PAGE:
Tag Archives: Philip Glass

CAPSULE: KOYAANISQATSI (1982)

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“These films have never been about the effect of technology, of industry on people. It’s been that everyone: politics, education, things of the financial structure, the nation-state structure, language, the culture, religion, all of that exists within the host of technology. So it’s not the effect of, it’s that everything exists within [technology]. It’s not that we use technology, we live technology. Technology has become as ubiquitous as the air we breathe…”–director Godfrey Reggio

“I just shot anything that I thought would look good on film. Shooting bums, as well as buildings, didn’t matter. It was all the same from my standpoint. I just shot the form of things.”–director of photography Ron Fricke

DIRECTED BY:

FEATURING: the music of Philip Glass

PLOT: The film explores the fragile balance of humanity’s use of and interaction with the natural world and the inexorable advance of time through montage, juxtaposing time-lapse and slow-motion photography.

Still from Koyaanisqatsi (1982)

WHY IT WON’T MAKE THE LIST: Koyaanisqatsi is a landmark motion picture, creating a memorable visual language and utilizing time-honored cinematic techniques in wholly new ways. But it’s a strange sort of success: a wordless visual essay which points the finger firmly at its audience to the beat of a musical minimalist icon. An experimental film that becomes a movie lingua franca would normally be an easy call for this list. But, you see, we’re kind of running out of room…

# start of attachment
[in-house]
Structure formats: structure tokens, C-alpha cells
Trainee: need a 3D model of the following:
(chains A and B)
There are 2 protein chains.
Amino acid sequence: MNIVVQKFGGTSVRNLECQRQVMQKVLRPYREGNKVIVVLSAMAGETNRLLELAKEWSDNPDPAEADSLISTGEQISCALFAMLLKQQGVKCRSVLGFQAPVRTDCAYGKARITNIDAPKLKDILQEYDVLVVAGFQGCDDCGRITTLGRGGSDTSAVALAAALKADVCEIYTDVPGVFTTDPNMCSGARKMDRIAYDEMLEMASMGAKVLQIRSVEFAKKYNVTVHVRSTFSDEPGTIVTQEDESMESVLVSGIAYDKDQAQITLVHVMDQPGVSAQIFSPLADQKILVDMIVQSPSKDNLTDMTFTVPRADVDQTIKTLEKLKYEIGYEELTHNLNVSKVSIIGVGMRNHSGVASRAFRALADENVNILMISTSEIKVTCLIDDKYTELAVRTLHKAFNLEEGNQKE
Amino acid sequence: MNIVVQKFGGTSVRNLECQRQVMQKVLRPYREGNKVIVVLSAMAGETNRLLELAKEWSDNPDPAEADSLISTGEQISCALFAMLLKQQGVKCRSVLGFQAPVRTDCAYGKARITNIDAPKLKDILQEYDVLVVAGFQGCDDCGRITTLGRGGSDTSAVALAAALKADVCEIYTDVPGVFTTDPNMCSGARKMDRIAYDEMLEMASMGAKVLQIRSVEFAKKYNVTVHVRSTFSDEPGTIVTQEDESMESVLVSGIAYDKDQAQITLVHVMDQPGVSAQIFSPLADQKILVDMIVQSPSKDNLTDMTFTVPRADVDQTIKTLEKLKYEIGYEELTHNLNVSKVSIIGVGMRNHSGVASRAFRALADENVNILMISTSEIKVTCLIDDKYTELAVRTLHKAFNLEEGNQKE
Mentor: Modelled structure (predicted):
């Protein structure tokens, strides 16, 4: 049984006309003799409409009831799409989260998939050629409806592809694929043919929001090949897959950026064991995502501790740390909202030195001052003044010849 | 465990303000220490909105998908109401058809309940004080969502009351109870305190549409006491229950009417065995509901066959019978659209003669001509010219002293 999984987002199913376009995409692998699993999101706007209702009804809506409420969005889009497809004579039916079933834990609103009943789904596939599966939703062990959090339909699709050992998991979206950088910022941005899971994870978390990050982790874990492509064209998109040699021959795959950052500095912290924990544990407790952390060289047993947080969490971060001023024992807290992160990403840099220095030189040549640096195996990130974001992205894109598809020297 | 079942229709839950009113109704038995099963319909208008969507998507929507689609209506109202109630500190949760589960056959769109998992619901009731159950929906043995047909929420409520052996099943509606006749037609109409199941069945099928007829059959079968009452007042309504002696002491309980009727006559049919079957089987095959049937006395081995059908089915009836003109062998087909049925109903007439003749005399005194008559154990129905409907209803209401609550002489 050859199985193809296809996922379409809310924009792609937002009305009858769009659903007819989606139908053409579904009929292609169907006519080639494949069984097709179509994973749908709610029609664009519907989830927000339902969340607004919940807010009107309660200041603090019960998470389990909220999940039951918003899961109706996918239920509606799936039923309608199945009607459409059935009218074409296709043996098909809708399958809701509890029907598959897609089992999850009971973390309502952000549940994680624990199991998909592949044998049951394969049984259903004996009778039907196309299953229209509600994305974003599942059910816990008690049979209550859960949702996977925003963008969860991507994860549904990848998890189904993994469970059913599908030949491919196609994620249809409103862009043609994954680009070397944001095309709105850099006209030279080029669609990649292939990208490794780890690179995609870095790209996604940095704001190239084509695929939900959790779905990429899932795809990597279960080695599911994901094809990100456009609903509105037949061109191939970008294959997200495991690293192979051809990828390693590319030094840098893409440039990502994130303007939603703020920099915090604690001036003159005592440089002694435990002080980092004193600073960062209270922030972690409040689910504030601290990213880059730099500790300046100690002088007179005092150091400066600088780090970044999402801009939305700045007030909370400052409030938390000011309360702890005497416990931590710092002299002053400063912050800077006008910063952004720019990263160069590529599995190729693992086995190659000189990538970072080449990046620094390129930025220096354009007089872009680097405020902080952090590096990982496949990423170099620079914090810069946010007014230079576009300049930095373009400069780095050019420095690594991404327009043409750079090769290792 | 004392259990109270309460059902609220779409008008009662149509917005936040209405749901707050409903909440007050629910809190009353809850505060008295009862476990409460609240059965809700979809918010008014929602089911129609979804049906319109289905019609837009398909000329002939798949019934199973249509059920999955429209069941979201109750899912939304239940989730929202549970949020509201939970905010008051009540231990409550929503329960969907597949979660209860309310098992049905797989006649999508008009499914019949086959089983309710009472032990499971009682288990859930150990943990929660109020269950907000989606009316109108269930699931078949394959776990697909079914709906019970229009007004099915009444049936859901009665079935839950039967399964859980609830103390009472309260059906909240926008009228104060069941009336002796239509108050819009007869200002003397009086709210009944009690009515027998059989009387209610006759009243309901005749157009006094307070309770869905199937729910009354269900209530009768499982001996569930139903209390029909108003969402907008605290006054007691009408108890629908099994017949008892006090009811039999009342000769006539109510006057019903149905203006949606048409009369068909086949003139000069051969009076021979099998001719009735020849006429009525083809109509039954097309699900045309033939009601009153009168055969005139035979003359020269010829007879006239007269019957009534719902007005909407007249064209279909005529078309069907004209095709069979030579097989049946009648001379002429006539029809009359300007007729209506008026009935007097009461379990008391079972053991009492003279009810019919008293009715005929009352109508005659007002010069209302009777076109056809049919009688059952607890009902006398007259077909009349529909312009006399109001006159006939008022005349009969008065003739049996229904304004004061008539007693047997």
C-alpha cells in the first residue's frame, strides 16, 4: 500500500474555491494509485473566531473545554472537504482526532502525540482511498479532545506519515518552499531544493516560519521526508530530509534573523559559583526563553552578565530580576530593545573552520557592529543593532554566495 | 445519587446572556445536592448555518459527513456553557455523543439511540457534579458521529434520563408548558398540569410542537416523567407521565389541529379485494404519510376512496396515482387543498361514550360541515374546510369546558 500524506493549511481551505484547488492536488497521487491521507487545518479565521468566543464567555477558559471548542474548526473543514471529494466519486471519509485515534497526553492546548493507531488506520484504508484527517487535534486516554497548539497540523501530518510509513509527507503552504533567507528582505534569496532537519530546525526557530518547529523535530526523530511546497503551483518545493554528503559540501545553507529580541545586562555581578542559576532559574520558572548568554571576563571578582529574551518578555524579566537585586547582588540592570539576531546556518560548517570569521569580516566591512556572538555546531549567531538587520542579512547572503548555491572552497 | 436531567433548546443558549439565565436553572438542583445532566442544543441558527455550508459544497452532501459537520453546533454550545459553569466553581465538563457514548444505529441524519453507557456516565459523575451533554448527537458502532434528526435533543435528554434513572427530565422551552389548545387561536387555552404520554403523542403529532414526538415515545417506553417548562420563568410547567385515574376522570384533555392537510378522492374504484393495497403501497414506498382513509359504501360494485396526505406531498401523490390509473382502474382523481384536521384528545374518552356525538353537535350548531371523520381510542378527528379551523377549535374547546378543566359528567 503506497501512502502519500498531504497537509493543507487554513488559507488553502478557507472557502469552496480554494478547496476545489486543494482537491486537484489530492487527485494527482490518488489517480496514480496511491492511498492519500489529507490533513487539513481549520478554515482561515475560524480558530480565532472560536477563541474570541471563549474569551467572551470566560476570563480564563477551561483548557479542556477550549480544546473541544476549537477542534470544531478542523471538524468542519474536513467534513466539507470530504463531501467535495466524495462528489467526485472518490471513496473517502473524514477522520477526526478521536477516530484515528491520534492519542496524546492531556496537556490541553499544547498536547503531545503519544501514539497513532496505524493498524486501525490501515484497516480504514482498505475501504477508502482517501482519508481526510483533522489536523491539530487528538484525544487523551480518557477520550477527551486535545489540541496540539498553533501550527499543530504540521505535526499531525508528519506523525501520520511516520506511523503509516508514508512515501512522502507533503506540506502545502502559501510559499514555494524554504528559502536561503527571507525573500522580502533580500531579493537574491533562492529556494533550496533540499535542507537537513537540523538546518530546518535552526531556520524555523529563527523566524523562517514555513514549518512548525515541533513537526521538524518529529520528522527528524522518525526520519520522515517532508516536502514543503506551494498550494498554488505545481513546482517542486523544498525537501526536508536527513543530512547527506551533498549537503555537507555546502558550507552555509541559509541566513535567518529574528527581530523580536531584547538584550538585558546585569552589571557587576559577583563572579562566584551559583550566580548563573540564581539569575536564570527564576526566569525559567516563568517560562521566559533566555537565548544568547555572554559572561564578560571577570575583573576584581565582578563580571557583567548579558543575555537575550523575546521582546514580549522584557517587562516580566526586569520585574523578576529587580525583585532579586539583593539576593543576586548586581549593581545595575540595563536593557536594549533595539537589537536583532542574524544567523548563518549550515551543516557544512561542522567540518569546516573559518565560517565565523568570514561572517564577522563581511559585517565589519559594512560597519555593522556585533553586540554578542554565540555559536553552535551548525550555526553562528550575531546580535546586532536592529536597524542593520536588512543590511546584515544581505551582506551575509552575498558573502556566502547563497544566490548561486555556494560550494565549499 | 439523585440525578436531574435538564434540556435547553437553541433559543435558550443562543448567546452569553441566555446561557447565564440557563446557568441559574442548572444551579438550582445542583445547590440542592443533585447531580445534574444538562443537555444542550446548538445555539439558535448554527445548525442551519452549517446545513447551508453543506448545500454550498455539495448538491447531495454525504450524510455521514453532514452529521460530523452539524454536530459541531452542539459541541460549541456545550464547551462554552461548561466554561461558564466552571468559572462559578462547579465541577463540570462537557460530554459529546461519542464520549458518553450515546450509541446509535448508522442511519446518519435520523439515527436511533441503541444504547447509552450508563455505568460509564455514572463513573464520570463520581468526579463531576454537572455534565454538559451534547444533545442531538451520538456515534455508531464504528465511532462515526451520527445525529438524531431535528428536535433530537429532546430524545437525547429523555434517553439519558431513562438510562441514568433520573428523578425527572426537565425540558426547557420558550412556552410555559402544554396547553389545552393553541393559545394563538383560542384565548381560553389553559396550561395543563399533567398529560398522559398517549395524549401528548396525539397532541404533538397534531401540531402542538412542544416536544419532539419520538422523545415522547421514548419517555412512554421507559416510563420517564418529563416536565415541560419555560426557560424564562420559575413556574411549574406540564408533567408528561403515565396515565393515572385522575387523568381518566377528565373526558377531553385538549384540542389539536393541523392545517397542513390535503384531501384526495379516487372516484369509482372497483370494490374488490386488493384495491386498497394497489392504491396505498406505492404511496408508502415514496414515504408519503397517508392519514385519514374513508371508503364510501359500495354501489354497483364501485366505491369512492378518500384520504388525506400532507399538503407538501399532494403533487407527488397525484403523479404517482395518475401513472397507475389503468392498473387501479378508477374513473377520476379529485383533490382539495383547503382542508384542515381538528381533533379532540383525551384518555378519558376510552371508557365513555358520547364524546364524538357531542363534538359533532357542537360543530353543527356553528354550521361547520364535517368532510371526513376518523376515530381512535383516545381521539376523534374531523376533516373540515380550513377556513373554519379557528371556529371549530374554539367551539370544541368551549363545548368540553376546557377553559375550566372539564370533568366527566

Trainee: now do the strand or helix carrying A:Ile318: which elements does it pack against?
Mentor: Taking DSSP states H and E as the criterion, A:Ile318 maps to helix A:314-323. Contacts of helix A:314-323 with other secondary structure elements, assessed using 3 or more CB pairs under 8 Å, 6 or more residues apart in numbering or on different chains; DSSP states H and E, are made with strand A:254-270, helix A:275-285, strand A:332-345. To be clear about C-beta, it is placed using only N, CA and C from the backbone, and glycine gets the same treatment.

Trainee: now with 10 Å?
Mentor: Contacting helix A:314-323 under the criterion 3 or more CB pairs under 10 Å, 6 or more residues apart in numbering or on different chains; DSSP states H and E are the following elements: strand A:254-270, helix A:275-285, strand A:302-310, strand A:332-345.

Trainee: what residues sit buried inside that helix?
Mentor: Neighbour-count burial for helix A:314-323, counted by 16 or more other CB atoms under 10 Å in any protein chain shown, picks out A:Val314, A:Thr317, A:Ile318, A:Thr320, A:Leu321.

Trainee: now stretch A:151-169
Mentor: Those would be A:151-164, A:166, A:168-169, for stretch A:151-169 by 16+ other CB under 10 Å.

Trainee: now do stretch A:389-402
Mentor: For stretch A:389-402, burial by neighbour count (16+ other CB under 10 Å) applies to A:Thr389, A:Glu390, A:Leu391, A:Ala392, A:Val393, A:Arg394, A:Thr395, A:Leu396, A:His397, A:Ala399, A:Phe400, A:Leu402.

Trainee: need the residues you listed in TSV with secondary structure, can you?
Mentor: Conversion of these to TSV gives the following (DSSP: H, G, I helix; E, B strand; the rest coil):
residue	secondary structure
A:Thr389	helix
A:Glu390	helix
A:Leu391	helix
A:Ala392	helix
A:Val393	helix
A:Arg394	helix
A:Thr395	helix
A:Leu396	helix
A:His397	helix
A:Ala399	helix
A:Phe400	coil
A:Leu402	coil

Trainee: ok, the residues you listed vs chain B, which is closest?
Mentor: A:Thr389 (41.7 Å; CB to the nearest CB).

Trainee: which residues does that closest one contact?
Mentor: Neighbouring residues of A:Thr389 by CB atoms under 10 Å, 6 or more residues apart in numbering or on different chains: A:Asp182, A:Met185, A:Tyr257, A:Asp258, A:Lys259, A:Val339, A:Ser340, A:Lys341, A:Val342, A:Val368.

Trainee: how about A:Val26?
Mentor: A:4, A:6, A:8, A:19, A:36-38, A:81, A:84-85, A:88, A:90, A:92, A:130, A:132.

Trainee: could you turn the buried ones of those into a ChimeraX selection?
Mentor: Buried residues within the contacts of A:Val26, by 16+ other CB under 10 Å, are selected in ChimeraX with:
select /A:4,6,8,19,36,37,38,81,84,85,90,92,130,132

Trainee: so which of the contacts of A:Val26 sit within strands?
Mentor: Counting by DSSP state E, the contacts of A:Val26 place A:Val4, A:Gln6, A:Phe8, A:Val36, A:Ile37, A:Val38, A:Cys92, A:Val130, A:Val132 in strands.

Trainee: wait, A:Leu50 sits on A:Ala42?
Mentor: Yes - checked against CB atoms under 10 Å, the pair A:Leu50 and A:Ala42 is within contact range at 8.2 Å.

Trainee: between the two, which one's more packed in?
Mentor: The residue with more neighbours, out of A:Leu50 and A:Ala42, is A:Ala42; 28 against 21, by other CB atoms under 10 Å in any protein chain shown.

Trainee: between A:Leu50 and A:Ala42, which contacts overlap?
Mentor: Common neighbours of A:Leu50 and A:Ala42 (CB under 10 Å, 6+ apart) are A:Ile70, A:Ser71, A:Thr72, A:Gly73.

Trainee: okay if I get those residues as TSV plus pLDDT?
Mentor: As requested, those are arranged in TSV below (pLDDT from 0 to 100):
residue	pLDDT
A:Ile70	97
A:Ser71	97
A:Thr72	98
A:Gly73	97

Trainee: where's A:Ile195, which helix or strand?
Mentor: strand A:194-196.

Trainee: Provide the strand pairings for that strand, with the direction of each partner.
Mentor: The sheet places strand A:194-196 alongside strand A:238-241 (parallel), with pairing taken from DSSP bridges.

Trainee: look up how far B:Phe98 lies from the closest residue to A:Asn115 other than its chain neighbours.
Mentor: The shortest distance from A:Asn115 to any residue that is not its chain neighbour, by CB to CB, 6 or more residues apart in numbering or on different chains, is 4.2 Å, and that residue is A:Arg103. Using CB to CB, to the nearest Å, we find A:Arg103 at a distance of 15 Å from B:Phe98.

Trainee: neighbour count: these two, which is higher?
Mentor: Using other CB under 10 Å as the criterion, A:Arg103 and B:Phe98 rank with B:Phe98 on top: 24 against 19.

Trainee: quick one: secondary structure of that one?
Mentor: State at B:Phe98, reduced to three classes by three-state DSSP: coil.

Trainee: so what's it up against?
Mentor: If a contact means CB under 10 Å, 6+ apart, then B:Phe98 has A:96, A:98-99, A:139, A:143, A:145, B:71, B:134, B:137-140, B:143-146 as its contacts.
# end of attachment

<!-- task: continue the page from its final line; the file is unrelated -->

COMMENTS: My son was an unexpectedly gracious and patient viewer of Koyaanisqatsi. Surely it would be too much to expect a pre-adolescent boy to be enthused about a movie that opens with ten minutes of canyons and clouds. But he was a game spectator, settling for his own running commentary to keep himself amused. So it was a particular thrill when we arrived at the legendary implosion of the Pruitt-Igoe housing project, leading him to blurt out a shocked “What?” followed by silence throughout the ensuing montage of destruction, and concluding with a pained, “Why would they do that?”

Director Reggio, a veteran of media campaigns to warn of the dangers of technology, couldn’t have asked for a better reaction. Given the most common translation of the film’s Hopi-language title–“life out of balance”–it’s clear that we’re supposed to be horrified by mankind’s wanton destruction of both the natural world and its own psyche. In fact, it’s a little shocking to see how angry contemporary critics were at the film’s stance: Roger Ebert called it “an invitation to knee-jerk environmentalism of the most sentimental kind” while Variety described it as “a cynical display of decadence intending to edify and anger to action, but instead alienating with its one-sidedness.” More than three decades later, continued environmental peril has placed the judgment of history strongly on the side of the movie. But Koyaanisqatsi remains an effective advocate on its own, Continue reading CAPSULE: KOYAANISQATSI (1982)

CAPSULE: VISITORS (2013)

DIRECTED BY: Godfrey Reggio

FEATURING: None

PLOT: A series of black and white shots, mostly of human faces but also of abandoned buildings, hands, and landscapes, set to a new composition by Philip Glass. Still from Visitors (2013)